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Have you been denied entry to Canada by a officer at the border because of prior conviction in a foreign country?

CLG has a department devoted to dealing with issues of inadmissibility.  Since some of our lawyers have legal credentials in both Canada and another foreign jurisdiction, they are trained in comparative law.

A person can be unable to come to Canada, or “inadmissible,” for a number of reasons.  These reasons include security, criminal, financial or health reasons.  People today are being turned away more and more for reasons of inadmissibility.  Most times, they are often told to file for Rehabilitation or a Temporary Resident Permit.  Other times, they are ordered “removed” or “excluded” from Canada.

When a person has committed a crime in a foreign country, an immigration lawyer can help them determine whether this crime fits into the categories of offences that can make people inadmissible to Canada.  This process is difficult and involves a complex legal analysis – comparing the elements of the foreign offence to their equivalent elements in the equivalent offence in Canada.

We can file applications in Canada for Rehabilitation and Temporary Resident Permits for applicants coming from anywhere in the world.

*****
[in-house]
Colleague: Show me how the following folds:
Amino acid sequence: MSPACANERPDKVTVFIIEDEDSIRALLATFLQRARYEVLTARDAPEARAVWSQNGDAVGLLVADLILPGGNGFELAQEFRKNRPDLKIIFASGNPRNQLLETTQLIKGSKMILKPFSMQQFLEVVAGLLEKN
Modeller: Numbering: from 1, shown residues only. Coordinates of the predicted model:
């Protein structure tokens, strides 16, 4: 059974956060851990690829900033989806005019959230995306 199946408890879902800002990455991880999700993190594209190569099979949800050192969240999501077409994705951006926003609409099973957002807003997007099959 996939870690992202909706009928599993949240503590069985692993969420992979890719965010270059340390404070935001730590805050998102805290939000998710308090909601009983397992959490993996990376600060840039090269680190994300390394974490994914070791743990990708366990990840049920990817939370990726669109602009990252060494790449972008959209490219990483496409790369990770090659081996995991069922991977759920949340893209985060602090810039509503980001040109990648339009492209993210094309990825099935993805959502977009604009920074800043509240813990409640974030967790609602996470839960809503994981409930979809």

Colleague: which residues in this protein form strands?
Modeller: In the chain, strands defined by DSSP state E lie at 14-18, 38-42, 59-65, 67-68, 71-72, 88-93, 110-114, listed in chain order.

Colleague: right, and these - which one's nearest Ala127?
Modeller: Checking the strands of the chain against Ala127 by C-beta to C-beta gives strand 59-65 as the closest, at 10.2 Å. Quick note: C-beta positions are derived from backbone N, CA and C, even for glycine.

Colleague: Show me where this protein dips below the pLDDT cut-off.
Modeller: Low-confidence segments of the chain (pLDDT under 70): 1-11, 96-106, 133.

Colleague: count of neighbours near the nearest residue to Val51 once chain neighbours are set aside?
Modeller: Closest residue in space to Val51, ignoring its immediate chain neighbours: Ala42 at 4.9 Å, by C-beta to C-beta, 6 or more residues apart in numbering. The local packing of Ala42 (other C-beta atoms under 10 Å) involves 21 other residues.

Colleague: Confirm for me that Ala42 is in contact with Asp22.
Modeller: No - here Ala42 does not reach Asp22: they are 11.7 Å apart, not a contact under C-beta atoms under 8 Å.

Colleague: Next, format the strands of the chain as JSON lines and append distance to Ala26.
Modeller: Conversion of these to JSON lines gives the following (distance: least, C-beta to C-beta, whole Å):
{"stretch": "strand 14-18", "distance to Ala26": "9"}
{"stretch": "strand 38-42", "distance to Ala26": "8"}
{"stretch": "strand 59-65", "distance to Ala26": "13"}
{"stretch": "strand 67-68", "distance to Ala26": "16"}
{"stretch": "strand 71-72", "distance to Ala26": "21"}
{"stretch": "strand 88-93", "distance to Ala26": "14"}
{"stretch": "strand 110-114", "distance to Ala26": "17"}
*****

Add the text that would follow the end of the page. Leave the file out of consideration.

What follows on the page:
How is Criminal Inadmissibility Addressed?

There are a number of ways to address criminal inadmissibility for the purposes of coming to Canada on either a temporary or permanent basis, for instance:

  1. Not all prior convictions make a person inadmissible. Certain minor offenses may be ignored for Canadian immigration purposes. For example, a single conviction of disorderly conduct will not normally keep someone out of Canada.
  2. There may be no equivalent under Canadian federal law for the foreign offense that is the subject of conviction. This is often a technical argument based on the fact that the Canadian offense has a more narrow interpretation than the foreign offense in question.
  3. It may be possible to have the foreign conviction expunged, which may negate the inadmissibility to Canada.
  4. The passage of enough time since the completion of the sentence, in the absence of subsequent convictions, may in certain circumstances be considered as deemed rehabilitation and the offender would no longer be inadmissible to Canada.
  5. Even when an individual is not eligible to submit a rehabilitation application, there is always the possibility of apply for a Temporary Resident Permit.

If you have been denied entry to Canada or if you believe you are inadmissible to enter Canada, we are here to help. CONTACT US